Finally, shaken out of complacency .... or perhaps not.
ref :- "Investors remain complacent about virus despite sell-off" , Nouriel Roubini, Markets Insight, The Financial Times Markets and Investing
ref :-"Tail Risk" , Philip Stafford, The Financial Times Companies & Markets
Thankfully, things are a little calmer today. One would like to think that the markets are taking stock, giving themselves a chance to take a more measured view of exactly where we're at. The likely truth of the matter however is that they're waiting for the next piece of breaking news that will define their decision on which way to jump. This week's sharp falls in share prices in particular have been in stark contrast to the preceding period, which was marked by the almost total disregard of US stocks to the gathering storm clouds.
One man's resilience is another man's complacency, of course. It's true that US stocks have been able to recover from previous sharp declines in double-quick time in recent years and resume their inexorable rise to record highs, so it's not surprising if faith in the market has been hard to shake. But this time it's a bit different, isn't it .....and clearly Mr Roubini believes that the market's ability to remain impervious to the implications of Coronavirus until this week did indeed amount to complacency.
Such blind faith has been based on a number of flawed assumptions :
1. The epidemic would be contained mostly to China rather than becoming a global pandemic.
2. Having been contained, it would peak before the end of the first quarter , limiting economic damage to China and beyond.
3. The growth path would be V-shaped with a strong rebound in the second quarter and going forward.
4. Policymakers -- both fiscal and monetary -- would take strong actions to support economies and markets if required.
There are some academic disciplines where it's possible, sometimes even encouraged, to make almost any argument that is not yet a matter of fact so long as one argues it well enough. Amongst other positions, Mr Roubini is a professor at the Stern School of Business but we get the impression that his reaction if any of his students had put forward the afore-mentioned assumptions on paper would've been pretty unequivocal, and expressed in thick red ink (a bit like our old physics papers) :
1. WRONG !
2. WRONG !
3. WRONG !
4. WRONG ! -- Fiscal policy is a political football that takes far too long to implement even if the will is there, and monetary policymakers have very few bullets left to fire.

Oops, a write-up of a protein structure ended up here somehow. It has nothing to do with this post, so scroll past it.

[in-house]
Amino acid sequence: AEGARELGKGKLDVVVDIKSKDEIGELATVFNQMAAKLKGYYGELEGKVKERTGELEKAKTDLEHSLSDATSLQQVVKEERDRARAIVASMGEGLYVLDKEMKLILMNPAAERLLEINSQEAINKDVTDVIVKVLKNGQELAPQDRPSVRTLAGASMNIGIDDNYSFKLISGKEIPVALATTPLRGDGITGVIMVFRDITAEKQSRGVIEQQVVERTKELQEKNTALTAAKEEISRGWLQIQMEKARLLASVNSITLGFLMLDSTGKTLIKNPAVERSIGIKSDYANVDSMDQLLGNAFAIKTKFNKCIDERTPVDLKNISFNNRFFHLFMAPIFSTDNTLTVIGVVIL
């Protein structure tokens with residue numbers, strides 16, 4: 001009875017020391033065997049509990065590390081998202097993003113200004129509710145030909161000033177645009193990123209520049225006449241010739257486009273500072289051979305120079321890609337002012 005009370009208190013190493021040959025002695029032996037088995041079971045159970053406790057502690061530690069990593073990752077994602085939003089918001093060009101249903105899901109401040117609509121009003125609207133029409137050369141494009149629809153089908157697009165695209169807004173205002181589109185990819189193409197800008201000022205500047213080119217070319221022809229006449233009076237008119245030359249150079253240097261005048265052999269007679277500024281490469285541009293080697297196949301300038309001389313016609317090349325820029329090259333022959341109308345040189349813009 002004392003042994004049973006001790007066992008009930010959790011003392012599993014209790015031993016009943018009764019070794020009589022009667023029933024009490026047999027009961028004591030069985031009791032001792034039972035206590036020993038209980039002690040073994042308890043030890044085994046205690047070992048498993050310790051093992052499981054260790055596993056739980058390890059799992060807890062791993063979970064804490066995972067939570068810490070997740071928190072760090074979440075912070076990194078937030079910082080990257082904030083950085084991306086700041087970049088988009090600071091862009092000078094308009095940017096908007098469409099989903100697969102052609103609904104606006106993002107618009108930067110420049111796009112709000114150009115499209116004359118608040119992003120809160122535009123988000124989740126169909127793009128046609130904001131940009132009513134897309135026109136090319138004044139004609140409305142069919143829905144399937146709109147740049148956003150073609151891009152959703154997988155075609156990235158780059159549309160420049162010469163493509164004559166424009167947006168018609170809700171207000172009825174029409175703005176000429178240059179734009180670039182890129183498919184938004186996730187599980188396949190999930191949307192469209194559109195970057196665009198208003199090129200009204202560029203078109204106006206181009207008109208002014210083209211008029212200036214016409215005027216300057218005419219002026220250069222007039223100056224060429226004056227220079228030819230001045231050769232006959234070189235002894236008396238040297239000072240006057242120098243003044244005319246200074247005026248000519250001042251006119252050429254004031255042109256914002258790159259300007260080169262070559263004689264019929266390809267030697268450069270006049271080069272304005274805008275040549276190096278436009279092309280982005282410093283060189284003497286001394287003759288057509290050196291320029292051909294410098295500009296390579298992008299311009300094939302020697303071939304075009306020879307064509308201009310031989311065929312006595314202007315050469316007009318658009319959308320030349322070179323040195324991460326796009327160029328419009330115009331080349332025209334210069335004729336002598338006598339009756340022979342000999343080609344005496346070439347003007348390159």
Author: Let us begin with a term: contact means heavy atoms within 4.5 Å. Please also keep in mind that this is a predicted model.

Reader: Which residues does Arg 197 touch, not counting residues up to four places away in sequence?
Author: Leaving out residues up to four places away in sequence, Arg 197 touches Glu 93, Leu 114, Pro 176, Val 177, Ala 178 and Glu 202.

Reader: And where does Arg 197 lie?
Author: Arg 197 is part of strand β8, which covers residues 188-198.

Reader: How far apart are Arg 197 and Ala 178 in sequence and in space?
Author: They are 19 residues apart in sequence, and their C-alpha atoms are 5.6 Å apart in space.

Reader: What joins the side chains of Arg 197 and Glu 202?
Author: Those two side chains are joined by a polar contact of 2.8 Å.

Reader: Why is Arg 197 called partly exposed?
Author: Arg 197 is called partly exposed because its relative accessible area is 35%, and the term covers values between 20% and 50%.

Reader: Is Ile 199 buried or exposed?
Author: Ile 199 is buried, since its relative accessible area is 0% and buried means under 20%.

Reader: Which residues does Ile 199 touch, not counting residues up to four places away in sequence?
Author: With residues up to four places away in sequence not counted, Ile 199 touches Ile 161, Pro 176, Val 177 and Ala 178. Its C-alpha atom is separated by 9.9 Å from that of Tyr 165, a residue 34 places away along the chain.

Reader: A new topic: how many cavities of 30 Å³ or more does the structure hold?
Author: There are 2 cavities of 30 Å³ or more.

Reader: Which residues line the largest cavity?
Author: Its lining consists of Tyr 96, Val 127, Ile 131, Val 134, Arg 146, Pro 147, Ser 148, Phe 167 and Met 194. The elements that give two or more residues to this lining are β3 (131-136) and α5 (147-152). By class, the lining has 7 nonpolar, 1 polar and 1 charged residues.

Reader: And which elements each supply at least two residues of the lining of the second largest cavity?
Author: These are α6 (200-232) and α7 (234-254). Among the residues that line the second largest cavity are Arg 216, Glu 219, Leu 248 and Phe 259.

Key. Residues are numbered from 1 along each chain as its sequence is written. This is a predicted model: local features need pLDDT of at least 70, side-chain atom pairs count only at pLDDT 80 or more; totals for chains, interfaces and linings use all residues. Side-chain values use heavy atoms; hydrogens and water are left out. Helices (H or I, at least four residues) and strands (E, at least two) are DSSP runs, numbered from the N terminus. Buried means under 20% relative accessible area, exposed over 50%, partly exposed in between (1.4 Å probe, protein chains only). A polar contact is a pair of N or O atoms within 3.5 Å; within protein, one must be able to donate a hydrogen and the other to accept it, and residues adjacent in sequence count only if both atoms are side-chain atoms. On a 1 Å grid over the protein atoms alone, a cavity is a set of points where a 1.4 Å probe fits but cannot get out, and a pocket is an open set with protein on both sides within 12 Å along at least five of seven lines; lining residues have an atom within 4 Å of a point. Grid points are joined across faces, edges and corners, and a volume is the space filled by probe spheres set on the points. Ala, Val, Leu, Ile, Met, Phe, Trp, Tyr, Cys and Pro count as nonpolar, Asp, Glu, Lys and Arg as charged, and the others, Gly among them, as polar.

And so to the "Fear Gauge" .... you remember the VIX, the tradeable index of volatility derived from the price of 30-day options on the S&P 500 stock index ? It's measure that can tell us pretty conclusively whether the blinkers of complacency are being cast aside or not. Last week it was still trading below 15, historically-speaking a low level where it had been (give or take) for months. On Monday, it rose 47% to 25.03, its 7th highest one-day rise in 30 years. Yesterday it hit 30 at one stage. Even if its a bit lower today, it seems reasonable to say that finally Coronavirus has got Wall Street's attention.
That's not to say however that one couldn't make a case that many are still guilty of complacency. VIX futures prices are considerably lower than the spot price. The April expiry contract for example is trading at 19.10, suggesting that the market believes that the virus will be under control by the spring. Open interest numbers show that gamblers such as hedge funds etc are overwhelmingly "short" of VIX futures -- in other words, they're betting against volatility. Well, it's been a largely profitable trade for a long time, but in these circumstances ?
Looking at the VIX futures prices, Philip Stafford does point out an interesting bump in price when it comes to the October contract, which closed at 21.95 -- September closed at 18.97 and November at 19.60. Remember, it's a contract based on option prices for a 30 day period and the October contract covers the upcoming presidential election. Obviously someone thinks its worth protecting themselves from volatility come election-time, and has been prompted to do so by the large lead being established by left-winger Bernie Sanders in the race for the Democratic nomination.
In principle, we can see why one might consider such action but frankly we've had the view for some time that for better or worse Donald Trump will cruise the election, so why bother ? But then again, perhaps it's us being complacent now .....
NOTE : in the 2020 Presidential race, ODDSCHECKER offer Donald Trump at 8/13 , Bernie Sanders at 3/1, and Michael Bloomberg at 10/1. They actually offer ANY Democrat candidate at 11/8, which must rank as the skinniest price we've seen this year.